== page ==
“On the funding side, lenders have been selective. Even though many non-banking financial institutions have reduced their shorter-tenure borrowings and increased onbalance sheet liquidity, interest from institutional investors in the debt capital market has remained tepid. A significant reversal in this trend is unlikely in the near term even as bank funding has not yet fully bridged the gap,” said Krishnan Sitaraman, senior director, CRISIL Ratings.
At Axis Bank, 84% of its corporate exposure by value is rated A or better. At the end of the September quarter, exposure to AAA-rated corporates comprised 14% of its corporate book, while AA was 40%, A was 30% and BBB was 13%. Over 95% of fresh originations in the first half of fiscal 2020 were to corporates rated A- and above.
At ICICI Bank, over 66% of its overall loan book comprised assets rated A- and above. While nearly 30% of the loans were in the BBB+, BBB and BBB- category. Only 1.6% of the overall loans were to firms below investment grade. About 90% of the disbursements in the first half of FY20 in the domestic and international corporate portfolio of the bank were to corporates rated A- and above.
“Bank credit growth continues to languish, with similar trends observed in the NBFC space. There has been a fall in consumption demand, especially in home loans, auto and service segments; and decline in industry credit, primarily on account of risk aversion on the part of banks to lend to MSMEs,” said Suresh Ganapathy of Macquarie.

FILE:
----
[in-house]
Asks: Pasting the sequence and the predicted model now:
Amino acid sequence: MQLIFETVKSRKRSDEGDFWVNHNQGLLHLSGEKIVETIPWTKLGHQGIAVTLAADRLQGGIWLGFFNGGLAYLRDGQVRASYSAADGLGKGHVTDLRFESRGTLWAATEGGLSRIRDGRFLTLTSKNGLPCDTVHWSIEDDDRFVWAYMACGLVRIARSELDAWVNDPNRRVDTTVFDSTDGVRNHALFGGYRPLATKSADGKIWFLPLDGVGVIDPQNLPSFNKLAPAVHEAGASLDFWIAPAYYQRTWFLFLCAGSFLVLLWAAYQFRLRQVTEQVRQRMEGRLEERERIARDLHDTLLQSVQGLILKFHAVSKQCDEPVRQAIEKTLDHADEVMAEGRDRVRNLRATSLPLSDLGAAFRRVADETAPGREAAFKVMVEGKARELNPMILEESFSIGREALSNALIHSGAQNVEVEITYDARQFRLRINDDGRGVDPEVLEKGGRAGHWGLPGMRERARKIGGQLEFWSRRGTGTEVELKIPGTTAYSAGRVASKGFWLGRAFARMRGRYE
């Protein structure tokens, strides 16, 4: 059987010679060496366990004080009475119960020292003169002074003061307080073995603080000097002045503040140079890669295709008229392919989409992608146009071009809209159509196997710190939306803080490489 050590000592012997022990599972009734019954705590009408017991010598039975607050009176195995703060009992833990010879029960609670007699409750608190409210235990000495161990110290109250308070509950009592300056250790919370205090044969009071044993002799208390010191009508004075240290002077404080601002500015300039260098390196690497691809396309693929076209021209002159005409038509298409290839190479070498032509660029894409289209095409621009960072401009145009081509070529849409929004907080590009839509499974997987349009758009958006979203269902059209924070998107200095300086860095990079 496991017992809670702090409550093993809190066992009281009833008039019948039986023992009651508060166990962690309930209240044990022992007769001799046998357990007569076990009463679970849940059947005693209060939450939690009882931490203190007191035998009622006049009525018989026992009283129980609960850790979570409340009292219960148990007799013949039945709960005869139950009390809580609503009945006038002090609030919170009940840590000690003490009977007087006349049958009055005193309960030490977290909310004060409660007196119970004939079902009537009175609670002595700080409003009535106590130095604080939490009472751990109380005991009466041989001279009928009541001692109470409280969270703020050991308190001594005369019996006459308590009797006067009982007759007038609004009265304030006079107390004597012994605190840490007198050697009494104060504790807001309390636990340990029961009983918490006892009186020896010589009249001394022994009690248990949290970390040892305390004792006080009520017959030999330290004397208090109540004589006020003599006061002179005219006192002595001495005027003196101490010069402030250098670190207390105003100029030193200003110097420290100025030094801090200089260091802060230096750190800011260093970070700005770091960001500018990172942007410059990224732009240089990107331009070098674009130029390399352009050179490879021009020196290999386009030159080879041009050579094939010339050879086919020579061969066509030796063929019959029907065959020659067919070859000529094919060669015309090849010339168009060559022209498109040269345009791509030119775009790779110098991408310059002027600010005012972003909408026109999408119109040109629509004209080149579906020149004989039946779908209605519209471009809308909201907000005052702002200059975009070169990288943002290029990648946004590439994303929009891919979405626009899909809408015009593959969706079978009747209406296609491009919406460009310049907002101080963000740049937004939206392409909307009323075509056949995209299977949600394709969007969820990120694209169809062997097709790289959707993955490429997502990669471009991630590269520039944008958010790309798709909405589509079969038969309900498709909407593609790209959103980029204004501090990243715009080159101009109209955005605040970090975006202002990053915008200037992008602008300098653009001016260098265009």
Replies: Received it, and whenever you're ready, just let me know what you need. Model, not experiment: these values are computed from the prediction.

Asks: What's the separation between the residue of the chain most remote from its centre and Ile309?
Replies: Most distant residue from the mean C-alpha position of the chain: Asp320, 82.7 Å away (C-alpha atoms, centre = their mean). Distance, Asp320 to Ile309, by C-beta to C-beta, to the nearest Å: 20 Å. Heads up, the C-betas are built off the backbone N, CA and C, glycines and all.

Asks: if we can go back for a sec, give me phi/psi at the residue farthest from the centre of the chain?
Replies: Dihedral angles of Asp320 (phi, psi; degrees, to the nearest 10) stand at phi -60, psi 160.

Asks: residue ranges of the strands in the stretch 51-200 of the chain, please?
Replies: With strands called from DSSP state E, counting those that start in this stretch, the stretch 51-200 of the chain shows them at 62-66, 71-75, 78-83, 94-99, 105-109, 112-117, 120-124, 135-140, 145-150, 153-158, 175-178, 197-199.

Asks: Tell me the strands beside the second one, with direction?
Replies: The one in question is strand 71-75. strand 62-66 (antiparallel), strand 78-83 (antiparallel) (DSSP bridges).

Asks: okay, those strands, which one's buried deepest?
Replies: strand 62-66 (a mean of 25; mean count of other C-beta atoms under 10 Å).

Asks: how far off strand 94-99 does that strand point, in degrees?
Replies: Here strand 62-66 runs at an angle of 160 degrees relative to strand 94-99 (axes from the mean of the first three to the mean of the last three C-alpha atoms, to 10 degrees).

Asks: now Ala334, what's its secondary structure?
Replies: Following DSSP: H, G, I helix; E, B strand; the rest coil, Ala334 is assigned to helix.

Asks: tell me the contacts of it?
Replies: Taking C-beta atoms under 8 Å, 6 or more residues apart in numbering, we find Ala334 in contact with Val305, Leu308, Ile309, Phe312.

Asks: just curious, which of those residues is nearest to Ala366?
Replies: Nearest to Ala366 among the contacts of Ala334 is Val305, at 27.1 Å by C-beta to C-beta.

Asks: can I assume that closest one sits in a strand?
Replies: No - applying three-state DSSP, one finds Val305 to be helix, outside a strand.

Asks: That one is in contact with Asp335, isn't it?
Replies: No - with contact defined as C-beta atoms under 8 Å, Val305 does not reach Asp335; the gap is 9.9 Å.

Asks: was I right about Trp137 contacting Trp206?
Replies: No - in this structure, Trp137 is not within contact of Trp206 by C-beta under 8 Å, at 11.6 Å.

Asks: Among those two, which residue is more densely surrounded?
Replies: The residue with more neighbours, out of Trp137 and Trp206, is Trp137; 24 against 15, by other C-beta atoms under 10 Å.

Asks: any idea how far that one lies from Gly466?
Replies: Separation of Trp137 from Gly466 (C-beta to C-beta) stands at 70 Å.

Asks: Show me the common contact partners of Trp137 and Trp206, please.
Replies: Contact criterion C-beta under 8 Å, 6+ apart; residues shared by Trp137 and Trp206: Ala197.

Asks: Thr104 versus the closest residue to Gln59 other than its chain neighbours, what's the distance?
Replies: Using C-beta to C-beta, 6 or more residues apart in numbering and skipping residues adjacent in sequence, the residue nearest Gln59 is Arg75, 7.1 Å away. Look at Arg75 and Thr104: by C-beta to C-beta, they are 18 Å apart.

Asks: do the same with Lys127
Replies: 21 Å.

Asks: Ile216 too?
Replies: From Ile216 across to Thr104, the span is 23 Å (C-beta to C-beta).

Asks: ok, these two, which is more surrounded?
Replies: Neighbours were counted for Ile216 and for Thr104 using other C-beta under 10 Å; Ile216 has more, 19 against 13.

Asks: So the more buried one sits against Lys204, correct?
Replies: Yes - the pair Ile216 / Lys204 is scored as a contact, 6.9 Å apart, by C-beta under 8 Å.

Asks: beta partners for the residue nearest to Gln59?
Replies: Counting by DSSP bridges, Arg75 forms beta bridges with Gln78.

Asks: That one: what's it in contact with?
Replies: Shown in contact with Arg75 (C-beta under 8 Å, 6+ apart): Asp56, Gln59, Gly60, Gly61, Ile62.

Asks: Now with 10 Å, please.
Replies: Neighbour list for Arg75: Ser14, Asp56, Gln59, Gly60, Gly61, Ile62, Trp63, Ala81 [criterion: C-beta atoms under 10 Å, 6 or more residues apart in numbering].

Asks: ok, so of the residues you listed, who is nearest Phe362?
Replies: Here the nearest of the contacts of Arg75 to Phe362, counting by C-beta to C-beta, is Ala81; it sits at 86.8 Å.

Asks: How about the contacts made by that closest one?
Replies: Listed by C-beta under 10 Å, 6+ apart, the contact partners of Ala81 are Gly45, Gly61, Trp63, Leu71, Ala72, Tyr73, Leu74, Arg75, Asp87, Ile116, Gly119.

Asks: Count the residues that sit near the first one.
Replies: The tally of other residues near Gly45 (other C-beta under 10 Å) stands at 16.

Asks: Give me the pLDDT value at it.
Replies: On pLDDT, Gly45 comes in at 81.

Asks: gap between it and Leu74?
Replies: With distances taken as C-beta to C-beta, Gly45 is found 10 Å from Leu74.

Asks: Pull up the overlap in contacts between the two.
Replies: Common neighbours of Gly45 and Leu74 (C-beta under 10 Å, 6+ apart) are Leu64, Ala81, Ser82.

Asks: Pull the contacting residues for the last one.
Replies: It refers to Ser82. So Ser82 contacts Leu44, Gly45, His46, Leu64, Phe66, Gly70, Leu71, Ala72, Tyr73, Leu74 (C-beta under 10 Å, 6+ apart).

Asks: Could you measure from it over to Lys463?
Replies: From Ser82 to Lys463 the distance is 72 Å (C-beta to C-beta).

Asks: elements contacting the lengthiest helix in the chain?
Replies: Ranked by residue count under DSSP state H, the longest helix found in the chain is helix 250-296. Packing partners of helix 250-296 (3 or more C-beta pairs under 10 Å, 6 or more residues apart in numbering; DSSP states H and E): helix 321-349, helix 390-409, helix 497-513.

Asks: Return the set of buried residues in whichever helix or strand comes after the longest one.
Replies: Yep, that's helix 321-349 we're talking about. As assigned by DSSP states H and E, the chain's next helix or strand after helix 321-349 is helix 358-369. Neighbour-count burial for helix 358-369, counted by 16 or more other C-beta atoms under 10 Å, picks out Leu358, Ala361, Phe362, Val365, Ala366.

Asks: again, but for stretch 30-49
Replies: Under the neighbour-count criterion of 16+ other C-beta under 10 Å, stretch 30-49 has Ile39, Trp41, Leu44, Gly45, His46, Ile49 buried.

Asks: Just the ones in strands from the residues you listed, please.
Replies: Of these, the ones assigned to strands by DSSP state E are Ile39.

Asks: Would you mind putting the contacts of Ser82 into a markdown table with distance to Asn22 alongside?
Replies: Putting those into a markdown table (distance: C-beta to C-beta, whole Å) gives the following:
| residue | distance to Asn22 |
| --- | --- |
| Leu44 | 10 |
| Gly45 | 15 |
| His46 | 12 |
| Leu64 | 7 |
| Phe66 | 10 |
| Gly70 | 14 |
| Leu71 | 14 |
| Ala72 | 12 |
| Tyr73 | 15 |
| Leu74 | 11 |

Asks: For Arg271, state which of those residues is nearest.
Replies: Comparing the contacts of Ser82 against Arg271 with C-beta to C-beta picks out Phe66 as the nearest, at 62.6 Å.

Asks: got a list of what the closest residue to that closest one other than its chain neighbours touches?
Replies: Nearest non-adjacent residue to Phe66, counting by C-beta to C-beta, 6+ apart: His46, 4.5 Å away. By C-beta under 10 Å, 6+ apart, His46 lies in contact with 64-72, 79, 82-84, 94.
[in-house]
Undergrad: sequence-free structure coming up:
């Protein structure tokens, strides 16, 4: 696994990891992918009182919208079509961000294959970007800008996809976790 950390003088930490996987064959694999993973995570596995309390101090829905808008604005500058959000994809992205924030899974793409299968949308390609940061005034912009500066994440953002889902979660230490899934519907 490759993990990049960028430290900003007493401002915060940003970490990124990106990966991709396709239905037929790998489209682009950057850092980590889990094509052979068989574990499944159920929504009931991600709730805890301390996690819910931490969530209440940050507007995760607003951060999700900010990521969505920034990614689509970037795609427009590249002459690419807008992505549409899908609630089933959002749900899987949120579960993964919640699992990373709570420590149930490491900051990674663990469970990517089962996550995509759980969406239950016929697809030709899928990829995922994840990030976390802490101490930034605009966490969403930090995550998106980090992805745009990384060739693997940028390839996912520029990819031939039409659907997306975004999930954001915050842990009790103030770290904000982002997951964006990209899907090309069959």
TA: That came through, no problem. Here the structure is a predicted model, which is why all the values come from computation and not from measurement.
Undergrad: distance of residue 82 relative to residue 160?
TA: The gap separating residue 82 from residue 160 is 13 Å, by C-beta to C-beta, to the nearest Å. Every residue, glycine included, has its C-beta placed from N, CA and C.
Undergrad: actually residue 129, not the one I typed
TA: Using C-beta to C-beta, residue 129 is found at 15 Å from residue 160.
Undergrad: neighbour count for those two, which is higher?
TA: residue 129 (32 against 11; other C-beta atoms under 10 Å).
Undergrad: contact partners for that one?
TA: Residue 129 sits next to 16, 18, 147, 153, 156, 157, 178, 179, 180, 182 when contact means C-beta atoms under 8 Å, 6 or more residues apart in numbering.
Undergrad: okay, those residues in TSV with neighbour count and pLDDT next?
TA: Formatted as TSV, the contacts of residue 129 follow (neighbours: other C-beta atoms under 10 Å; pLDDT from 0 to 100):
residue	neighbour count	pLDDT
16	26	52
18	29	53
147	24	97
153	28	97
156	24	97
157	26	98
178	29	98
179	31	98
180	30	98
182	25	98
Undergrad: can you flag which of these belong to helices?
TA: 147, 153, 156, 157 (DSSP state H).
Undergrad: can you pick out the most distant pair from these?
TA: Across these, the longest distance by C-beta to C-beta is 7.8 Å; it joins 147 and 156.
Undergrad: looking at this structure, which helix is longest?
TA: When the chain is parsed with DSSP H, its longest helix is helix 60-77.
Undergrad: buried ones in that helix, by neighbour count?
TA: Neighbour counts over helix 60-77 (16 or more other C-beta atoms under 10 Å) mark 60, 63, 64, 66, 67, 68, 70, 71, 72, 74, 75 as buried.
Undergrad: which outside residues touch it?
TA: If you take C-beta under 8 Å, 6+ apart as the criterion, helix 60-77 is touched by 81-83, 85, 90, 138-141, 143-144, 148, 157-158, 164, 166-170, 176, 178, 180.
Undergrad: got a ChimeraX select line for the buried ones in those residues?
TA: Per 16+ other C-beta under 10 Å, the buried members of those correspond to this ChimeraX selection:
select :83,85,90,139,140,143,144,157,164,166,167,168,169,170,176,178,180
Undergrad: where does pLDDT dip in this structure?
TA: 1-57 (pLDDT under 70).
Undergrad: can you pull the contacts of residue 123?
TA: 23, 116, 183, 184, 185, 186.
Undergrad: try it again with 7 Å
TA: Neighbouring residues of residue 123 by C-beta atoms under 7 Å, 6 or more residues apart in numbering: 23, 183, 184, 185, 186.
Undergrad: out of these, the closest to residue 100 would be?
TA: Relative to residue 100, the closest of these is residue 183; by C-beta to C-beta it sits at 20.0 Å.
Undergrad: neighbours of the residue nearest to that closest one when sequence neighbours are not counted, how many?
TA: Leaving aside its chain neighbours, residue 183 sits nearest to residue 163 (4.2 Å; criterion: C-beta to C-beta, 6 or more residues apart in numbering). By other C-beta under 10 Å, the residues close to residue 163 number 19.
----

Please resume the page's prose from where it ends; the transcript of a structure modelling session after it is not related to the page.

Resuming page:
MSMEs IN THE WHIRLPOOL
The Modi government, in its second innings, has been pushing credit to small businesses, but most banks have seen a spike in bad loans in that segment. CIBIL data showed that in just three months, the total onbalance sheet commercial lending exposure to this segment declined to Rs 63.8 lakh crore in June from Rs 65.5 lakh crore in March.
According to Capital Line data, 1,127 companies out of over 4,500 listed companies have ratings that range between BB, C and D.
“The decision-making has been passed on to the lowest level in the chain to avoid taking responsibility in the event of future defaults; people at lower levels of management are also not taking calls due to these concerns,” said Sridhar Ramachandran, chief investment officer (CIO) at IndiaNivesh Renaissance Fund that buys distressed assets.